Low-cost strategy developed for curbing computer worms

Jan 13, 2009

Thanks to an ingenious new strategy devised by researchers at University of California, Davis and Intel Corporation, computer network administrators might soon be able to mount effective, low-cost defenses against self-propagating infectious programs known as worms.

Many computers are already equipped with software that can detect when another computer is attempting to attack it. Yet the software usually cannot identify newly-minted worms that do not share features with earlier marauders. When network managers detect suspicious activity, they face a major dilemma, said Senthil Cheetancheri, who led efforts to develop the strategy. "The question is, 'Should I shut down the network and risk losing business for a couple of hours for what could be a false alarm, or should I keep it running and risk getting infected?'"

Cheetancheri, a graduate student in the Computer Security Laboratory at UC Davis when he did the work, has shown that the conundrum can be overcome by enabling computers to share information about anomalous activity. As signals come in from other machines in the network, each computer compiles the data to continually calculate the probability that a worm attack is underway. "One suspicious activity in a network with 100 computers can't tell you much," he said. "But when you see half a dozen activities and counting, you know that something's happening."

The second part of the strategy is an algorithm that weighs the cost of a computer being disconnected from the network against the cost of it being infected by a worm. Results of this ongoing process depend on the calculated probability of an attack, and vary from computer to computer depending on what the machine is used for. The algorithm triggers a toggle to disconnect the computer whenever the cost of infection outweighs the benefit of staying online, and vice versa.

The computer used by a person working with online sales, for example, might be disconnected only when the threat of an attack is virtually certain; the benefit she provides by continuing to work during false alarms far outweighs the cost of infection. On the other hand, a computer used by a copy writer who can complete various tasks offline might disconnect whenever the probability of an attack rises above even a very low level.

The study is published in "Recent Advances in Intrusion Detection, 2008," the proceedings of a symposium that was held in Cambridge, Mass., in September, 2008.

Source: University of California - Davis

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physpuppy
5 / 5 (1) Jan 13, 2009
he conundrum can be overcome by enabling computers to share information about anomalous activity. As signals come in from other machines in the network, each computer compiles the data to continually calculate the probability that a worm attack is underway.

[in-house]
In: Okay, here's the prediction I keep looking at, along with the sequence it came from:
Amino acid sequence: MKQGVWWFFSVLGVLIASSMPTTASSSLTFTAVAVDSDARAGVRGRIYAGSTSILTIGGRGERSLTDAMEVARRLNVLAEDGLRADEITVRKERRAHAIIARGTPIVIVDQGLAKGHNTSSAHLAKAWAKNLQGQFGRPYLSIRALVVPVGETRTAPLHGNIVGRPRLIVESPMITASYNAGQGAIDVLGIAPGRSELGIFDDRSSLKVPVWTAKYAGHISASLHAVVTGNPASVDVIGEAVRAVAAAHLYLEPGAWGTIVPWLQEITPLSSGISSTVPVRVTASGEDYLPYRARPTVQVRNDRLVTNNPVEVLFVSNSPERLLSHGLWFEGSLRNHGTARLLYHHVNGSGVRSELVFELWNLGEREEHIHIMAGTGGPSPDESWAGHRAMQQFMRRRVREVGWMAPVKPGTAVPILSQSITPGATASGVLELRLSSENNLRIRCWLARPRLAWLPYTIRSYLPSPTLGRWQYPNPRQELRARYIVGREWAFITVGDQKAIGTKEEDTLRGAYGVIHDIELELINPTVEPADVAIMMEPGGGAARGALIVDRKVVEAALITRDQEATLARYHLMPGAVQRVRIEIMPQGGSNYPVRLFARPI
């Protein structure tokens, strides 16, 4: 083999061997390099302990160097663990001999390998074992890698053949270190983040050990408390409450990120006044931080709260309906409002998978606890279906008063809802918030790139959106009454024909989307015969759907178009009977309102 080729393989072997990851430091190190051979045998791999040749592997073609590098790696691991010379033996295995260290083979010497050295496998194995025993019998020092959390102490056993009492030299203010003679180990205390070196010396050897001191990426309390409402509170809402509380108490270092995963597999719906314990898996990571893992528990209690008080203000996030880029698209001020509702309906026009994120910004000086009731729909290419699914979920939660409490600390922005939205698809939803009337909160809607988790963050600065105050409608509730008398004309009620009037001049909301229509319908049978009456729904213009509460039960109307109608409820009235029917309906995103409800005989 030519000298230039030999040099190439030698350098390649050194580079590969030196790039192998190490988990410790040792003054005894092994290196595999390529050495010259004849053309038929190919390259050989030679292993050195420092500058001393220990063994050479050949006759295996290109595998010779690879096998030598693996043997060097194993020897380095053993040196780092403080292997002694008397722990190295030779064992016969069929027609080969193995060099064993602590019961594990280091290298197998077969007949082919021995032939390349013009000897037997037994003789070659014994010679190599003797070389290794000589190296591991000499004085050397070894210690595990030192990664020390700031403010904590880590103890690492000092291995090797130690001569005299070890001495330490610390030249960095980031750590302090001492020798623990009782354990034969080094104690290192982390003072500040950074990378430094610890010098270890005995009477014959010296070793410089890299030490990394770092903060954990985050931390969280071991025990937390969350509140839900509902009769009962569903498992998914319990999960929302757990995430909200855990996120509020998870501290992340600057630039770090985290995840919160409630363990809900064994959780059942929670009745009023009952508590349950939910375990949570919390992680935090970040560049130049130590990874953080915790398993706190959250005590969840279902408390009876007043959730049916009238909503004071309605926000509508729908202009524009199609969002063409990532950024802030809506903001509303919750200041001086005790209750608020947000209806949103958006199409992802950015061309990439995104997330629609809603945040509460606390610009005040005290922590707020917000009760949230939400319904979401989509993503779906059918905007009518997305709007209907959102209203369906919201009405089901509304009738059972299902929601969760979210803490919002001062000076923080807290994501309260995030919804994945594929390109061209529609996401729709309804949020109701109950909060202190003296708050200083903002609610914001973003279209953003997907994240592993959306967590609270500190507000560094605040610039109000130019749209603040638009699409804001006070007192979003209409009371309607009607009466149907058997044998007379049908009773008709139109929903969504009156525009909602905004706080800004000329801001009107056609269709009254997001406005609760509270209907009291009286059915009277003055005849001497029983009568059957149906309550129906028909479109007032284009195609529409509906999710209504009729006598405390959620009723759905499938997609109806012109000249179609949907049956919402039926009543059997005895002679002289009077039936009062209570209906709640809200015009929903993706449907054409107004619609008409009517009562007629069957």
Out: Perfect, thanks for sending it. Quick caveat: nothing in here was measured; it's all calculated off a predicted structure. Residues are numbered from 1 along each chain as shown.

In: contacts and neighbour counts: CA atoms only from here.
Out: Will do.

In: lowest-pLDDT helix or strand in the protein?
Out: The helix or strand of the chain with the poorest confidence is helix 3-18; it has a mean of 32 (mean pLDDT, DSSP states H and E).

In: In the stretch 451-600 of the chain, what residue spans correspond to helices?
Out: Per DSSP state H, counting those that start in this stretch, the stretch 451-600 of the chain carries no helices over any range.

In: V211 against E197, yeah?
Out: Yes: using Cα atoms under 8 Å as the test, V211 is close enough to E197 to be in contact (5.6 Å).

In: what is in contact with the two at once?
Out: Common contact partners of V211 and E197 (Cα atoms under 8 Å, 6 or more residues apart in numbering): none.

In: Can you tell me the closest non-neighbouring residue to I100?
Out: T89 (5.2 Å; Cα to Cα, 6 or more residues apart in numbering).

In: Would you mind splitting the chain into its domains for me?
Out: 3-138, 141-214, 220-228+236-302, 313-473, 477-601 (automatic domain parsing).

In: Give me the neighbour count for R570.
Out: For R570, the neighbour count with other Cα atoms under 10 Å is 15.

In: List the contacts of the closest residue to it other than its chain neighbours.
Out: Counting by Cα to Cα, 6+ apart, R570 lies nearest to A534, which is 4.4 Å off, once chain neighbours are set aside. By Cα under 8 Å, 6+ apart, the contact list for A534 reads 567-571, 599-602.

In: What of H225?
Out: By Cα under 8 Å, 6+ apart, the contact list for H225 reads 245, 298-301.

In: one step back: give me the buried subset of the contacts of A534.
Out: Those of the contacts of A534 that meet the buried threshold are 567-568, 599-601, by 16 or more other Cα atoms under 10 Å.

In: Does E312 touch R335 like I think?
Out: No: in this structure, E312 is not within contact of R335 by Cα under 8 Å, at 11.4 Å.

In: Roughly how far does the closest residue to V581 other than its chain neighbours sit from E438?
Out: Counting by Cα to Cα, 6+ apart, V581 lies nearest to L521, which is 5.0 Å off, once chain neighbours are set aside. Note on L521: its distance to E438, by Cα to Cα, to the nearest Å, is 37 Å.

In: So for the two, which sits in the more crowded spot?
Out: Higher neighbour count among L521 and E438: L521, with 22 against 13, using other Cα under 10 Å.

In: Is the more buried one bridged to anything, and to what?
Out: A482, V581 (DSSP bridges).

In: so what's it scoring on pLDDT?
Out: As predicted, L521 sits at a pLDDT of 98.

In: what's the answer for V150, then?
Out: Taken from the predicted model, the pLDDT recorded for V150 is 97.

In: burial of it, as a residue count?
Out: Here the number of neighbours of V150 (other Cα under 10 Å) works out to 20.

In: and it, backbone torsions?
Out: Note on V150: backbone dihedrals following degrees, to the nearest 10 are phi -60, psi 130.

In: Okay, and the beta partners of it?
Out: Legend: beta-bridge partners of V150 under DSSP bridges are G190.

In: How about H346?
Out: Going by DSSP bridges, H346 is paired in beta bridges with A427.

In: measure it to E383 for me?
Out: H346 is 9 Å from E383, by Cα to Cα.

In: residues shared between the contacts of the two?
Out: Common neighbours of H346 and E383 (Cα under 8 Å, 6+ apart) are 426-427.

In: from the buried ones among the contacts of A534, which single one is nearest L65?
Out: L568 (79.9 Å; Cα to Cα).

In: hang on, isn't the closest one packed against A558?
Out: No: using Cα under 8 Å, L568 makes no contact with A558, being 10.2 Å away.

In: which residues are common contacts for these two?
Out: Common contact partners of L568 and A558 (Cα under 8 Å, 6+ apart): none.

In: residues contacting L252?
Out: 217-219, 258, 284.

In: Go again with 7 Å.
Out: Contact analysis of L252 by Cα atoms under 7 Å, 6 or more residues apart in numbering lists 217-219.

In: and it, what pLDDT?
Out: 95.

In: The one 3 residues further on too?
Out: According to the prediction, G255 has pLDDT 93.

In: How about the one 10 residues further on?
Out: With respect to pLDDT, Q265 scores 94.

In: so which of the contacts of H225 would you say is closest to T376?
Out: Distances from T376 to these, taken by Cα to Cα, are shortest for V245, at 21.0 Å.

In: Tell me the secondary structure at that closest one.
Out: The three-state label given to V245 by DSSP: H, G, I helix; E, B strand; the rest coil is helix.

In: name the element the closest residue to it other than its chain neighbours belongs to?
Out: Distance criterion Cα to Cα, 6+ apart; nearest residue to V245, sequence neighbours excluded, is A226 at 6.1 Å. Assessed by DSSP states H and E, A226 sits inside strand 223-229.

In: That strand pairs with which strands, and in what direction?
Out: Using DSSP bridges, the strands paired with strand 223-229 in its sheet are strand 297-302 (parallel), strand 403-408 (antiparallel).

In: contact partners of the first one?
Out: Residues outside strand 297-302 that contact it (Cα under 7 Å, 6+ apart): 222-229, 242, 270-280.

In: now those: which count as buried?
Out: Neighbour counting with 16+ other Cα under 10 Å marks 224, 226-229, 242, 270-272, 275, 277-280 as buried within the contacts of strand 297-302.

...
The algorithm triggers a toggle to disconnect the computer whenever the cost of infection outweighs the benefit of staying online, and vice versa


If implemented, who wants to bet that someone will come up with malicious code that causes false positives and triggers this protection code to pull machines off the network.

Corban
not rated yet Jan 13, 2009
The worm would no longer deal damage to computers, but Physpuppy's got the right idea: what about a DDOS?
physpuppy
not rated yet Jan 13, 2009
If you're interested in this sort of thing - security and computer risks, this is an interesting forum with lots of good information:

http://catless.ncl.ac.uk/risks

(Forum On Risks To The Public In Computers And Related Systems

ACM Committee on Computers and Public Policy, Peter G. Neumann, moderator)

NeilFarbstein
not rated yet Jan 13, 2009
you can run but you cant hide
superhuman
not rated yet Jan 14, 2009
The proper solution is to develop an open source standardized operating system and programming software designed with security in mind from the start. Computers are fast enough today to dedicate quite a lot of computing resources to security so a modular simple system with transparent logic capable of being validated with mathematical proofs and tested by everyone is the way to go.

Once governments realize national security depends on software they will hopefully realize it's the way to go and will fund academic efforts aimed at reaching that goal. Don't count on software industry it's not in their interest to produce safe software that lasts.

Current computer technology is mature enough and there is no longer any need for operating system and software to change every few years despite what micro$oft and others who profit on this wants you to think. Current OSes provide everything applications need expect for one thing - security, frequent changes of software is one of the primary reason for poor security.

A properly written OS for business and government applications can easily last decades with only hardware, drivers and applications need to be updated if needed.

The world desperately needs an open, standardized, transparent and safe software platform and it will be developed sooner or later, its inevitable, but the likes of Microsoft will do everything to postpone it.

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